However, victory came at enormous cost, and the viability of a global-imperial economy in which the Royal Navy ruled the waves came into question in 1942, with the Japanese overthrow of the empire in Malaya. Edgerton – who never shirks an opportunity for provocation – describes the postwar UK as “one of the new nations which arose from the dissolution of the one empire”.

In the third quarter of the 20th century Britain became more like a normal European nation which, conscious of its wartime vulnerabilities, organised its economy on explicitly national lines. There were now concerted efforts to make the nation self-sufficient in foodstuffs, and oil was increasingly refined at home rather than in British-owned overseas refineries. Hence the “rise of the nation” alluded to in Edgerton’s enigmatic title. In 1945 Britain became a nation in the sense that there was now a distinctive economic unit within the borders of the UK.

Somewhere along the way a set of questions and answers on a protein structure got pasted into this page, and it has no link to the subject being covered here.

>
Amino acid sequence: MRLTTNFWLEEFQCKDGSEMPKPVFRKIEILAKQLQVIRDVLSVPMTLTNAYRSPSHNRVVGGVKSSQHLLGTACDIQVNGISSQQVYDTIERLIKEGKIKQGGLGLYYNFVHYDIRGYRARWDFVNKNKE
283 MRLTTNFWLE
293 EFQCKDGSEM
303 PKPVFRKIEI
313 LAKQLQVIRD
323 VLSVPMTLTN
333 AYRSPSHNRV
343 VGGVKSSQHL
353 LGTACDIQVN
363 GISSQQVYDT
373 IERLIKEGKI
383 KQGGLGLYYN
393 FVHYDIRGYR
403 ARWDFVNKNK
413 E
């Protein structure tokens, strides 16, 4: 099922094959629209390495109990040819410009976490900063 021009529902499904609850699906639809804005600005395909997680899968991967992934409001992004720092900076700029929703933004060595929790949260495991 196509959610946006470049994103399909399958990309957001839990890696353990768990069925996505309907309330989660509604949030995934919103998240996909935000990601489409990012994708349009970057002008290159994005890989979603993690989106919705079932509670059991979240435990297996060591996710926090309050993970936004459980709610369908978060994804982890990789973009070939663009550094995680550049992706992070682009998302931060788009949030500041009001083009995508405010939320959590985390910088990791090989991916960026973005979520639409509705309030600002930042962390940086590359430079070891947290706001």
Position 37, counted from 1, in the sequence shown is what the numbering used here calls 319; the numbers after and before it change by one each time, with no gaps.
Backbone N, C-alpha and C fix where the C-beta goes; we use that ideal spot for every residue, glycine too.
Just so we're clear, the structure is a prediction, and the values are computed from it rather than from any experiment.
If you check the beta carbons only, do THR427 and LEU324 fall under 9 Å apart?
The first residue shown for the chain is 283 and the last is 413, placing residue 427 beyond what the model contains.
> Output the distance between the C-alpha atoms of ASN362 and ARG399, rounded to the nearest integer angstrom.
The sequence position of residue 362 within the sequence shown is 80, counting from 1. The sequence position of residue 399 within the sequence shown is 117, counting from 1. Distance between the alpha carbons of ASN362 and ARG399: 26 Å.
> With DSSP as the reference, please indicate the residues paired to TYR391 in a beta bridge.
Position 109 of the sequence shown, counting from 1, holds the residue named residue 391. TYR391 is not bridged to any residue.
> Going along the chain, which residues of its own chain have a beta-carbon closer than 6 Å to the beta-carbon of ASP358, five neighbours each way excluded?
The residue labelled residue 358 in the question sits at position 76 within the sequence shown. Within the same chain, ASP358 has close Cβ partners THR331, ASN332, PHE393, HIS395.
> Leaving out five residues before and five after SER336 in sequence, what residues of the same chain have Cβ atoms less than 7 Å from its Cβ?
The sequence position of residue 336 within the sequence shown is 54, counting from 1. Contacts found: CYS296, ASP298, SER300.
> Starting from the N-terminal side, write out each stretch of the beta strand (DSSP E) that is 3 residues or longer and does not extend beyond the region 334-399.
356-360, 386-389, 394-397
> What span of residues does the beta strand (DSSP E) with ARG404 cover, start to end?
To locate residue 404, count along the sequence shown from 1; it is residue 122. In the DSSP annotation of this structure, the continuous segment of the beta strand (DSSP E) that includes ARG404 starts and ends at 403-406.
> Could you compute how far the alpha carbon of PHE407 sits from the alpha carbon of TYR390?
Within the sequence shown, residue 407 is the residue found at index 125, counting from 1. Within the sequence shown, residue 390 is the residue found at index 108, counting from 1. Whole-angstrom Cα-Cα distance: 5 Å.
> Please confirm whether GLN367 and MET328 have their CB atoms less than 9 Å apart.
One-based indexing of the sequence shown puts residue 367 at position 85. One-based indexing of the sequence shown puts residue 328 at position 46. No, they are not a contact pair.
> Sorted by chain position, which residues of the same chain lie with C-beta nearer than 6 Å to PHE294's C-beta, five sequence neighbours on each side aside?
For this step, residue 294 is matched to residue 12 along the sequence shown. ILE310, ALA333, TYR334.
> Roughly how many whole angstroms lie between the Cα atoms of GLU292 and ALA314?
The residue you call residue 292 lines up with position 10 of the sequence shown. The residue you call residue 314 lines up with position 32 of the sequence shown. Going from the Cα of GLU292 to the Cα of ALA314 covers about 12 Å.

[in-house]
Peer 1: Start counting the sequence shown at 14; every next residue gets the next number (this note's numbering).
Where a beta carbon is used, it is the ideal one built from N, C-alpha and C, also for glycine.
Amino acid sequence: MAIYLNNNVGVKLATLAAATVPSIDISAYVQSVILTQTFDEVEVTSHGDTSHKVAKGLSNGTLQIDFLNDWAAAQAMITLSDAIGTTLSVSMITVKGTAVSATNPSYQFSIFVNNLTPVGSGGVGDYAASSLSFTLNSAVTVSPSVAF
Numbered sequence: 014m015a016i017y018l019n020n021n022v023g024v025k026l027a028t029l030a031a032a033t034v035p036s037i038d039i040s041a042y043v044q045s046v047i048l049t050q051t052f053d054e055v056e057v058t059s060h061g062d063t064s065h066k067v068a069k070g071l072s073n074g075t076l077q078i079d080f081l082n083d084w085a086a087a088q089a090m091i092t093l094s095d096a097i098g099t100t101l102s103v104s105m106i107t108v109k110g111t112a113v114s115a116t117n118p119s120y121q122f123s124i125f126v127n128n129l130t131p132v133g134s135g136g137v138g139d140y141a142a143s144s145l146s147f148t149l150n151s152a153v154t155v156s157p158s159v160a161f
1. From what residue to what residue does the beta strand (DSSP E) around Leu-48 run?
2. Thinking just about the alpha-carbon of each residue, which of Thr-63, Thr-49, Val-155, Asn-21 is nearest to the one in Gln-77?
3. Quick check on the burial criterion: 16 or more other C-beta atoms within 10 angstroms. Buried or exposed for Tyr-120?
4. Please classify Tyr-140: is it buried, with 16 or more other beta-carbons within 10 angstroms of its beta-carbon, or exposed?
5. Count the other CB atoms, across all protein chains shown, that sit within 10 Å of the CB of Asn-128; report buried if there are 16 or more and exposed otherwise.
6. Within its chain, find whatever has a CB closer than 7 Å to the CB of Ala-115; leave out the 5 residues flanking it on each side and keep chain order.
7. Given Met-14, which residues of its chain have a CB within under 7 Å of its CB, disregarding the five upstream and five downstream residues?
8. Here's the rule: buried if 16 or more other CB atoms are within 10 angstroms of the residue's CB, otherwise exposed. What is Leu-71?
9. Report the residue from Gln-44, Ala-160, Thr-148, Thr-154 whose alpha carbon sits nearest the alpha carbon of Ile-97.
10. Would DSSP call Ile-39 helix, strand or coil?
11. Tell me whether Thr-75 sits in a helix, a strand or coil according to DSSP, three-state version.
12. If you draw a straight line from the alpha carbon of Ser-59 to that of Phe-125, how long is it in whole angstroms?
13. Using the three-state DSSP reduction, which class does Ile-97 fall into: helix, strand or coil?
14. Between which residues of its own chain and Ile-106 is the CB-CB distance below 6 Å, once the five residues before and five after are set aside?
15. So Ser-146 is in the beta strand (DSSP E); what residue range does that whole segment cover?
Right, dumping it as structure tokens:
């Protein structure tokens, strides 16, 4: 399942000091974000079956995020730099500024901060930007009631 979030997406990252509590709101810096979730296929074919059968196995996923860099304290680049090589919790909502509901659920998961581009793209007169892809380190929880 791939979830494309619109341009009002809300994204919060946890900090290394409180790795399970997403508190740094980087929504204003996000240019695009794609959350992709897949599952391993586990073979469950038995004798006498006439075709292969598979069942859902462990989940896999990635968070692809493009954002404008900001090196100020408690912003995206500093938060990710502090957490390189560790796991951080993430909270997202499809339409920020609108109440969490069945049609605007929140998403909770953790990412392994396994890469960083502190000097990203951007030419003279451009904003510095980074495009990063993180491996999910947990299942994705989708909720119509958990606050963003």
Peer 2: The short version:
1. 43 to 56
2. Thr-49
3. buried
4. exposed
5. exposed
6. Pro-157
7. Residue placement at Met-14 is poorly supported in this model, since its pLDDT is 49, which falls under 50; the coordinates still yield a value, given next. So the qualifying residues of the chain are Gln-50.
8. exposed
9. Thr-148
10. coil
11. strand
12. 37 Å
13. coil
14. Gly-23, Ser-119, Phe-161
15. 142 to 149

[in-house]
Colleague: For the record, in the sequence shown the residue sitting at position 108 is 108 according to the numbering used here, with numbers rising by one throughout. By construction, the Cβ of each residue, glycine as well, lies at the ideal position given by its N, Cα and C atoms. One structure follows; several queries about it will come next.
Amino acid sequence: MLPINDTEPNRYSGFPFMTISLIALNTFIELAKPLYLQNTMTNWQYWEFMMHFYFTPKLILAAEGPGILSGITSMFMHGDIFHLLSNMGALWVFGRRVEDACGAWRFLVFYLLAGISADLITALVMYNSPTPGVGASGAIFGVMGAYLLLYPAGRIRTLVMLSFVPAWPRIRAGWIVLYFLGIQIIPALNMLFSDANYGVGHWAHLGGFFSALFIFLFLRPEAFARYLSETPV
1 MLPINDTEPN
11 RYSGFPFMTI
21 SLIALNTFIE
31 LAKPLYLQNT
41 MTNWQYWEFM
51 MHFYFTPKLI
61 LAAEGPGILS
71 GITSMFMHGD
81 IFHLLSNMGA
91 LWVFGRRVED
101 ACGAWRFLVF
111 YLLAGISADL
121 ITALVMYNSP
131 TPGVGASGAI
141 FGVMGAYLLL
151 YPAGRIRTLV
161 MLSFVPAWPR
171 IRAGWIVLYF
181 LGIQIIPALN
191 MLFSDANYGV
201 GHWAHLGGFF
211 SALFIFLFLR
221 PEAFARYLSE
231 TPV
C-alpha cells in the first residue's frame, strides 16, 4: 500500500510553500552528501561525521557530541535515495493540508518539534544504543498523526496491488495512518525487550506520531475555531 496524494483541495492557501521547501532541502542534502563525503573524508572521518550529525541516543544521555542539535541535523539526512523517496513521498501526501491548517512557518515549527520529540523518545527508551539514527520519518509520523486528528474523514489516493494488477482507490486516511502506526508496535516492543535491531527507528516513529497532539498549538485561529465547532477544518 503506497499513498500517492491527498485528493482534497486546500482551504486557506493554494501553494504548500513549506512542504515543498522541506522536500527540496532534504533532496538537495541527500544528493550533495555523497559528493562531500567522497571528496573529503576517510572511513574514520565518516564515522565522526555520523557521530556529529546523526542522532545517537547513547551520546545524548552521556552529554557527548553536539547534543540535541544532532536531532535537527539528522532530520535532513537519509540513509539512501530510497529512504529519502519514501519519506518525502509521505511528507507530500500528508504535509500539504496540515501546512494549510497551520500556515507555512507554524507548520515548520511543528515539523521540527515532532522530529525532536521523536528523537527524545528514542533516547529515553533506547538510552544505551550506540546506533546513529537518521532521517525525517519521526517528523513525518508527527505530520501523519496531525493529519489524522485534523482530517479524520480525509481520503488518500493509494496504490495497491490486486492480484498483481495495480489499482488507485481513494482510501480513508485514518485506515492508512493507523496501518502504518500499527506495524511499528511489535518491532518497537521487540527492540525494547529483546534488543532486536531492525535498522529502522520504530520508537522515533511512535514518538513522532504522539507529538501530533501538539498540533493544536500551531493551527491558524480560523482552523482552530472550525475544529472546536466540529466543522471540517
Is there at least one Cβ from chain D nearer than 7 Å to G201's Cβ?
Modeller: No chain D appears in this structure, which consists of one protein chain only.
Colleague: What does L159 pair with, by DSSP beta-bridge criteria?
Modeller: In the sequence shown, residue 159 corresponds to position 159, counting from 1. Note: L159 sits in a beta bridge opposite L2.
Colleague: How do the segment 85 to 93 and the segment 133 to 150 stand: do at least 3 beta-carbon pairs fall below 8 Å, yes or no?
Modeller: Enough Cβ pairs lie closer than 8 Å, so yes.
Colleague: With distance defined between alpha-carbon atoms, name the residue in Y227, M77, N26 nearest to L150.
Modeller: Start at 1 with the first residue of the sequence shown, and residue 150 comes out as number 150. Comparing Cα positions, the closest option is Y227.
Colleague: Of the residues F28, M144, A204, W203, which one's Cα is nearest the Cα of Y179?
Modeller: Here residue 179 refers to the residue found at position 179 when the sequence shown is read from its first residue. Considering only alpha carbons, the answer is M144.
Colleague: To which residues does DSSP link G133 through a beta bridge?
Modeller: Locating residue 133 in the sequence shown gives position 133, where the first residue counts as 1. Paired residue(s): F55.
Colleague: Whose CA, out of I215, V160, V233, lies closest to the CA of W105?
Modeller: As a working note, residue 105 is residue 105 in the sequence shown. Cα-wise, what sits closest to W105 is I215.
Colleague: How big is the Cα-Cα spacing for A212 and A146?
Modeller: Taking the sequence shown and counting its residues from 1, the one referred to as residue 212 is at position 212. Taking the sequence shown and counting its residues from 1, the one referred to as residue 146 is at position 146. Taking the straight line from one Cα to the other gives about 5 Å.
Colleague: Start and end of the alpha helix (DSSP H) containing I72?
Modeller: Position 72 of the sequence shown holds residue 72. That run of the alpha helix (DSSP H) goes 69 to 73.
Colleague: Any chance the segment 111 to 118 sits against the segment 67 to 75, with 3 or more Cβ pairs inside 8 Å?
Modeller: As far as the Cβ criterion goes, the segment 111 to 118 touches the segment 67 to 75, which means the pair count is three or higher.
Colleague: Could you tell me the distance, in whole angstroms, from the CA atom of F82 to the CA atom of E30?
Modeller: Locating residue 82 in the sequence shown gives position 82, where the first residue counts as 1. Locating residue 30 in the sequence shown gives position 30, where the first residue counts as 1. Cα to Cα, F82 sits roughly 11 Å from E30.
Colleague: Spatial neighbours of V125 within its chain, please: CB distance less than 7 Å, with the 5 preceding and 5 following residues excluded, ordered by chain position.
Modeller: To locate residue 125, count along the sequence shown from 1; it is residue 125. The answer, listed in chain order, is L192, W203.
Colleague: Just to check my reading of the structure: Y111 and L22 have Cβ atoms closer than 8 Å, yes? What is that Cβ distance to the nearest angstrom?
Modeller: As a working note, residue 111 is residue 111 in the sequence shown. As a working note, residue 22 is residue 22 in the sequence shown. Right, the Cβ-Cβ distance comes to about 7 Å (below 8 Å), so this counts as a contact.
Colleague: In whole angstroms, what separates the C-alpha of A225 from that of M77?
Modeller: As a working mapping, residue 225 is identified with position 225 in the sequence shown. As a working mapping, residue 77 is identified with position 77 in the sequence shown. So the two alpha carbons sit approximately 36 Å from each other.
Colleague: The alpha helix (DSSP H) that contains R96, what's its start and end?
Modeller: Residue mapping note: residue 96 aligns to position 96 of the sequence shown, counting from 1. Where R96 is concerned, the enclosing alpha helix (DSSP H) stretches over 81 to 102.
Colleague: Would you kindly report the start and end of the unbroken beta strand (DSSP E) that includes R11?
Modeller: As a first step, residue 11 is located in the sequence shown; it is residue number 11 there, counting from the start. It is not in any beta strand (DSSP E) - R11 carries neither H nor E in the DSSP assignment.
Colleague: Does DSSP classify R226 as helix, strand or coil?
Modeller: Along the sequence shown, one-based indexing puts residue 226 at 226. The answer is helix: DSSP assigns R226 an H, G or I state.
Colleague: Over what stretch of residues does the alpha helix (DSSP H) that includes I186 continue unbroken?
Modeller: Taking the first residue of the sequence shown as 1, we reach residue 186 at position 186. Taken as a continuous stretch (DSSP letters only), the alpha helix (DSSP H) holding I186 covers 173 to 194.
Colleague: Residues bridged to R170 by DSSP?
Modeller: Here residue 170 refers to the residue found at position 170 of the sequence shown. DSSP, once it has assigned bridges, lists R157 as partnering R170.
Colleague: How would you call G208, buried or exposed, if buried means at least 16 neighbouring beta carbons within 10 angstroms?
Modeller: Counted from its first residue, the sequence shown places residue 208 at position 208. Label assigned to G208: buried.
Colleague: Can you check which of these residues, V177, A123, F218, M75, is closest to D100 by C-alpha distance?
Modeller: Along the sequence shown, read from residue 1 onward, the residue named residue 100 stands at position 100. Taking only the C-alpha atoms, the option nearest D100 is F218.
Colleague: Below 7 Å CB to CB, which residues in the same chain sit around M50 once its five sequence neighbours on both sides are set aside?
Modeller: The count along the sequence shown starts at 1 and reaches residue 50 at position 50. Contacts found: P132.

After the Second World War, an export drive was required simply to pay for imports of necessities. Once the Americans withdrew the lend-lease aid programme, manufacturing had to make up a glaring financial gap. A measure of protection was required to develop industries and to inhibit home consumption. Post-1945 Britain was, in Edgerton’s words, “a land of tariffs, quotas, import surcharges”. By the late 1940s both of the main parties had become discreetly protectionist. Under external pressures, postwar Britain had junked its old economy, and utterly reinvented itself as an export-oriented industrial power. Other new patterns emerged. Earlier in the century – at the zenith of empire – Britain traded more with Europe than with its imperial possessions. But now, as the empire declined, imperial trade grew. One of the many ironies in a volume bursting with ironic aperçus is that Britain’s trade with Empire and Commonwealth was heavier during the 1950s than at the height of empire.